Nigerian companies generate 1.3 trillion naira in free cash flow in 9 months

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Major listed companies operating in Nigeria reported a cumulative cash flow of 1.307 trillion naira in the first 9 months between January and September 2021.

Based on data collected by our Nairalytics research unit, the 1,307 trillion naira of cash flow generated through September 2021 is 3.5% higher than the 1,262 trillion naira of free cash flow. generated at the same time last year.

Notably, the scope of the data covers Nigerian listed companies that make over 90% of their revenue in Nigeria from various industries, including cement manufacturers, brewers, conglomerates, construction companies, oil and gas companies.

Why is this important?

Operating cash flow represents the actual cash generated by a business from sales after deducting operating expenses. This is an essential aspect of a company’s finances, especially since it demonstrates how much cash an organization can generate from its regular activities to facilitate operations, settle debts, invest in capital expenditures. and pay dividends to shareholders.

This huge operating cash surplus of Nigerian companies is extremely remarkable, especially given the tumultuous headwinds of 2021 such as rising input costs, lack of access to forex, low purchasing power and insecurity threatening to erode profits and empty their coffers.

However, Nigerian companies have demonstrated continued resilience by posting stronger than expected revenue growth while implementing pricing adjustments to fuel this increase in operating cash flows generated for the period under review.

On a net basis, companies also spent 671.3 billion naira and 729.0 billion naira on investing and financing activities respectively in the first 9 months of 2021.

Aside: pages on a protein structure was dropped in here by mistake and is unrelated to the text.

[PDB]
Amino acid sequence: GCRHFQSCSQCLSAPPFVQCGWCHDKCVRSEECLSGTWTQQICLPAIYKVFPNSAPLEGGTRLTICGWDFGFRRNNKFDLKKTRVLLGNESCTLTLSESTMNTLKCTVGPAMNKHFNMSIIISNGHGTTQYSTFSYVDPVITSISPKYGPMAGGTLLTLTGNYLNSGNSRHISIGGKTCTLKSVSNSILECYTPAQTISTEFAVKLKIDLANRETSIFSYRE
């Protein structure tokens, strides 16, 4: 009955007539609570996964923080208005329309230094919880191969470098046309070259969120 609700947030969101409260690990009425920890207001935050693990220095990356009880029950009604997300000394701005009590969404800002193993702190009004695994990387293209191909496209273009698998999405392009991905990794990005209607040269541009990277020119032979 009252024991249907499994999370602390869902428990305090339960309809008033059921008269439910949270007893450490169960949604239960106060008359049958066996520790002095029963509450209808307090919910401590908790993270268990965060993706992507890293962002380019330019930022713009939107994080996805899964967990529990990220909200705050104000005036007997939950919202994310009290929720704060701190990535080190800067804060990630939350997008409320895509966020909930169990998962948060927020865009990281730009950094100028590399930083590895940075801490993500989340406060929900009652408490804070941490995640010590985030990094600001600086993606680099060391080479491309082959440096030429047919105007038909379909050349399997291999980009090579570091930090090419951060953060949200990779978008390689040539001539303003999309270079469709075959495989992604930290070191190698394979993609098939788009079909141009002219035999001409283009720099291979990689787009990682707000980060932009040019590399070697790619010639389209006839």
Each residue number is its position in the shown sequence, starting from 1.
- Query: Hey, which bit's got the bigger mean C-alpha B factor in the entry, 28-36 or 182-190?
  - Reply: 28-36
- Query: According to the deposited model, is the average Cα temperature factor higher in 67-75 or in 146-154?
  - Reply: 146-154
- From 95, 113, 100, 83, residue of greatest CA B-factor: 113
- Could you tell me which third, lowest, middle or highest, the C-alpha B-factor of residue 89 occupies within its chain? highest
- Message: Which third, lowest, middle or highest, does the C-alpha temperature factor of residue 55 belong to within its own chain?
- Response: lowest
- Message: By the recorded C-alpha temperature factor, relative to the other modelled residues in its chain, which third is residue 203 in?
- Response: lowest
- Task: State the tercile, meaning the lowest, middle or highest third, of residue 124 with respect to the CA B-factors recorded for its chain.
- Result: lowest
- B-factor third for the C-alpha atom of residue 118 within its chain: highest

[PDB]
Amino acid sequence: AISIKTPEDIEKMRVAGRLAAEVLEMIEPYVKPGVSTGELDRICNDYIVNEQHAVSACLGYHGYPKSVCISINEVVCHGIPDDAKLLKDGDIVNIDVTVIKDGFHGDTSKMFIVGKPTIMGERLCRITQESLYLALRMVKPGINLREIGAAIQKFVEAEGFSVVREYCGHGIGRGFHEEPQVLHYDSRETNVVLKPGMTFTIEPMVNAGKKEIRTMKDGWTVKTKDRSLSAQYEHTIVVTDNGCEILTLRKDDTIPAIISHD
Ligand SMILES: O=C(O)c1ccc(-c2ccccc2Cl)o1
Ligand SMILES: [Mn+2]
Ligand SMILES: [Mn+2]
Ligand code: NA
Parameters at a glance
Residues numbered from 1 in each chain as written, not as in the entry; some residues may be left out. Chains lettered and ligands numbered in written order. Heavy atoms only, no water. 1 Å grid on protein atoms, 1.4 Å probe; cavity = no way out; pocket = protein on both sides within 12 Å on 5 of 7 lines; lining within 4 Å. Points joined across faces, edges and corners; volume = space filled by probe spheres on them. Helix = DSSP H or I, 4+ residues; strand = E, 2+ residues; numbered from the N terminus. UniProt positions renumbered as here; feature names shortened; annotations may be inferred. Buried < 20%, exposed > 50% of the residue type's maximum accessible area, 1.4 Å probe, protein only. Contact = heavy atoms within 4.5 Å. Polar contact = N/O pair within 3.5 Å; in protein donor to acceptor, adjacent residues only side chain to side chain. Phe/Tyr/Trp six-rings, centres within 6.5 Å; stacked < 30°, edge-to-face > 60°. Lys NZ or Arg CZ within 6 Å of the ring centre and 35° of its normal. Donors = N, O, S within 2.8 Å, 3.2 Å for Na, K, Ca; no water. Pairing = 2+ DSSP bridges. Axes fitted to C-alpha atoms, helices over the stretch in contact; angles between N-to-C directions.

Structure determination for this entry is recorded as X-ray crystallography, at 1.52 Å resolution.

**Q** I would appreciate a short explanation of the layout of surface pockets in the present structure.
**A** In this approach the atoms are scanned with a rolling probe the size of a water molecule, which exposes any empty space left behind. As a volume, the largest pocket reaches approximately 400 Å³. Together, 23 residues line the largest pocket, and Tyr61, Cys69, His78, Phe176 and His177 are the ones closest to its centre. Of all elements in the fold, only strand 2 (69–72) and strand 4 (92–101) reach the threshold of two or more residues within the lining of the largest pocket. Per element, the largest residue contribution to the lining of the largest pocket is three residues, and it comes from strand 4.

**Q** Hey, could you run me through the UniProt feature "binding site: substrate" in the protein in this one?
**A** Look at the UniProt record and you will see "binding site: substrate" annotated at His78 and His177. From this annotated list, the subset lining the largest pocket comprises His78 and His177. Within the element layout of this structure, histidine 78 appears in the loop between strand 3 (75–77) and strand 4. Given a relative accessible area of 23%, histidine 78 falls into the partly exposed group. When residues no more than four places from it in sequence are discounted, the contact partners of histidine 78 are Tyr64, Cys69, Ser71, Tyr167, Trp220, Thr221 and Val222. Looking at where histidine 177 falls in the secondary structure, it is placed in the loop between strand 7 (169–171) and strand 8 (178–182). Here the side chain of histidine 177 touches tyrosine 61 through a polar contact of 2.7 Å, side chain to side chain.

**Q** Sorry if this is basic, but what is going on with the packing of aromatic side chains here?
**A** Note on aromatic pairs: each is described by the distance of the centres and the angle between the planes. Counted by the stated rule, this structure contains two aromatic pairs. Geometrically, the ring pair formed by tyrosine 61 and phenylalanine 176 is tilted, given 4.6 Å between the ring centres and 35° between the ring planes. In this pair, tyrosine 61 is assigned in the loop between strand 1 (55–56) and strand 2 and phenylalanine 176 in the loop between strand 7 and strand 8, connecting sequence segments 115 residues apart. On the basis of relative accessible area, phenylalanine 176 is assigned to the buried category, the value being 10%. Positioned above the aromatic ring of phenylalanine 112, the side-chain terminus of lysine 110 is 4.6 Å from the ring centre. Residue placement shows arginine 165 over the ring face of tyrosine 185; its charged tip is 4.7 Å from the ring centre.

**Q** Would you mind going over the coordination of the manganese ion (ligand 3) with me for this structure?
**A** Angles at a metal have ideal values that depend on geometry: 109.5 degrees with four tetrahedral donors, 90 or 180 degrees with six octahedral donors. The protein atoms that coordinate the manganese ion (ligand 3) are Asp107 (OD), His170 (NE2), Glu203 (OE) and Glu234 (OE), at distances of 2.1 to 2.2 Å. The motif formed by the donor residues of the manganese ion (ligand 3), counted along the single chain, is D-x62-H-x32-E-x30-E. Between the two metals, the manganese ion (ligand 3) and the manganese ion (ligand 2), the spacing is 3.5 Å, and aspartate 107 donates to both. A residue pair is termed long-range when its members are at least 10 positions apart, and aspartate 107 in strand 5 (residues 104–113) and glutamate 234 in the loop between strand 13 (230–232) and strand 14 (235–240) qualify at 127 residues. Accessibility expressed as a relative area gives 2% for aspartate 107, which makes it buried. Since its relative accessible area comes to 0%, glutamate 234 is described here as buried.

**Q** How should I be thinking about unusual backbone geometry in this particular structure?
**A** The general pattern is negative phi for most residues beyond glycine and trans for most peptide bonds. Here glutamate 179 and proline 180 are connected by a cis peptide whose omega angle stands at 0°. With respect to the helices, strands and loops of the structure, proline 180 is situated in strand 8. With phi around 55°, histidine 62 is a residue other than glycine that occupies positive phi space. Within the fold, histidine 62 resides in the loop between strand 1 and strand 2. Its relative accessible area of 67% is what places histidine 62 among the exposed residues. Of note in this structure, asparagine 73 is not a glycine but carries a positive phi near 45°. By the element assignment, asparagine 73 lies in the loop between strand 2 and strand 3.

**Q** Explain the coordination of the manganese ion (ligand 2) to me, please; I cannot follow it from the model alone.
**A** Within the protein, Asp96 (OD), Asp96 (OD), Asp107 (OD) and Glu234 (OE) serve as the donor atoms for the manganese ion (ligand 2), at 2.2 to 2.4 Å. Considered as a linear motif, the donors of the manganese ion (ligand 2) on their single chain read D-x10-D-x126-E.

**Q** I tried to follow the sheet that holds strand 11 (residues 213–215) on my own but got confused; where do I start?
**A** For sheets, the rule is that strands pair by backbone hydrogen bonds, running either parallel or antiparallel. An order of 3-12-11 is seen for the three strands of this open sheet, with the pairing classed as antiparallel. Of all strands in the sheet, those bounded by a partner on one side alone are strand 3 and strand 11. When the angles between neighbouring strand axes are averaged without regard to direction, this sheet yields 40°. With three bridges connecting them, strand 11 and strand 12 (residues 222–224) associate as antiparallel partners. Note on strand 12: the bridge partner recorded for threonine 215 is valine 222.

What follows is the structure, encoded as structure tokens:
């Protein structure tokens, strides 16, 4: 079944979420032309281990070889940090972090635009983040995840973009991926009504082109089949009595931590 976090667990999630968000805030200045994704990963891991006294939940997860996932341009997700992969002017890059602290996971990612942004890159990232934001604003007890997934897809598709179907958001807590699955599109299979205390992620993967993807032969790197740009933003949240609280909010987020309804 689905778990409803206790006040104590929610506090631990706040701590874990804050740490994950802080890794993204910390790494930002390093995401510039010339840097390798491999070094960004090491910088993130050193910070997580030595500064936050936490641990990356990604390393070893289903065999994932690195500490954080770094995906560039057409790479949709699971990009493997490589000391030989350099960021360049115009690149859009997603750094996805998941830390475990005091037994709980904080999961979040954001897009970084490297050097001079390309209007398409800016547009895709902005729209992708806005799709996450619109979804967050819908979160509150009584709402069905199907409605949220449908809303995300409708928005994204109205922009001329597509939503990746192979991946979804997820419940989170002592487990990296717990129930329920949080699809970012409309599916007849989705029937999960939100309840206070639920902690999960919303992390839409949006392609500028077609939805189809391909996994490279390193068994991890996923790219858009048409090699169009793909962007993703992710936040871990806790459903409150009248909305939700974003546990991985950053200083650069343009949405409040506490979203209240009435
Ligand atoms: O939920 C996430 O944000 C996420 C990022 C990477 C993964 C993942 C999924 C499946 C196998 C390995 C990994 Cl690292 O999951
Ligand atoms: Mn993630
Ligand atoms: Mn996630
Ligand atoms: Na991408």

• This compares to 539.8 billion naira and 283.2 billion naira respectively for the corresponding period a year earlier.

Note that net investing cash flow relates to capital expenditures such as property, plant and equipment, while financing net cash flow includes net borrowings and dividend payments.

  • It is also noteworthy that the companies also maintained a higher cash position of N12 trillion in September 2021 compared to the cumulative cash balance of N11 trillion held in the same period last year.

More income less cash flow

Positive operating cash flow is considered a major indicator of a business’s performance, as it is often a preferred indicator relative to revenue and profit. Especially for investors looking for dividends. Analysts frequently use “operating cash margin,” a measure of cash flow from operations as a percentage of revenue, as a benchmark to determine how well companies can convert revenue into cash.

Based on data collected by Nairalytics, the operating cash margin was reduced to 21% in September 2021, down from 27% in the same period last year.

  • Nairametrics previously reported that business revenues stood at 4.69 billion and 5.9 billion naira in 2020 and 2021 respectively. This reduction in operating cash margins suggests that companies have struggled to convert more of their income to cash. This is partly due to the inability to pass 100% of cost increases on to consumers.

Interestingly, operating cash margins have declined across all industries as most companies have struggled to keep up with cost increases despite rising prices. For example, three of the country’s largest cement companies, Dangote Cement, Lafarge and BUA Cement, collectively posted an operating cash flow margin of 43.9% versus 56.2% a year earlier.

  • Dangote Cement, the largest, generated a net operating cash flow of 449 billion naira on a turnover of 1 trillion naira. It was respectively 376 billion naira and 761 billion naira in 2020.
  • FMCGs also struggled, falling to 12% operating cash margin in 2021 from 19% last year.
  • MTN, however, increased its OCF margins to 24.3% from 19%.
  • Julius Berger was the only company on the list with a negative OCF margin after reporting negative free operating cash flow.

MTN, Dangote, BUA at the forefront

Three of the largest Nigerian companies, Dangote Cement, MTN and BUA Cement account for around 65% of the total cash of 1.3 trillion naira generated during the period under review.

  • Dangote Cement generated the most cash with around 449 billion naira, while MTN came next with 292 billion naira and BUA with 111.8 billion naira.
  • BUA Cement, however, recorded a decrease in its free cash flow compared to the other two.
  • Consumer goods companies such as Nestlé, Dangote Sugar, Flour Mill and Nigeria Breweries also recorded robust free cash flow as activities picked up during the year.


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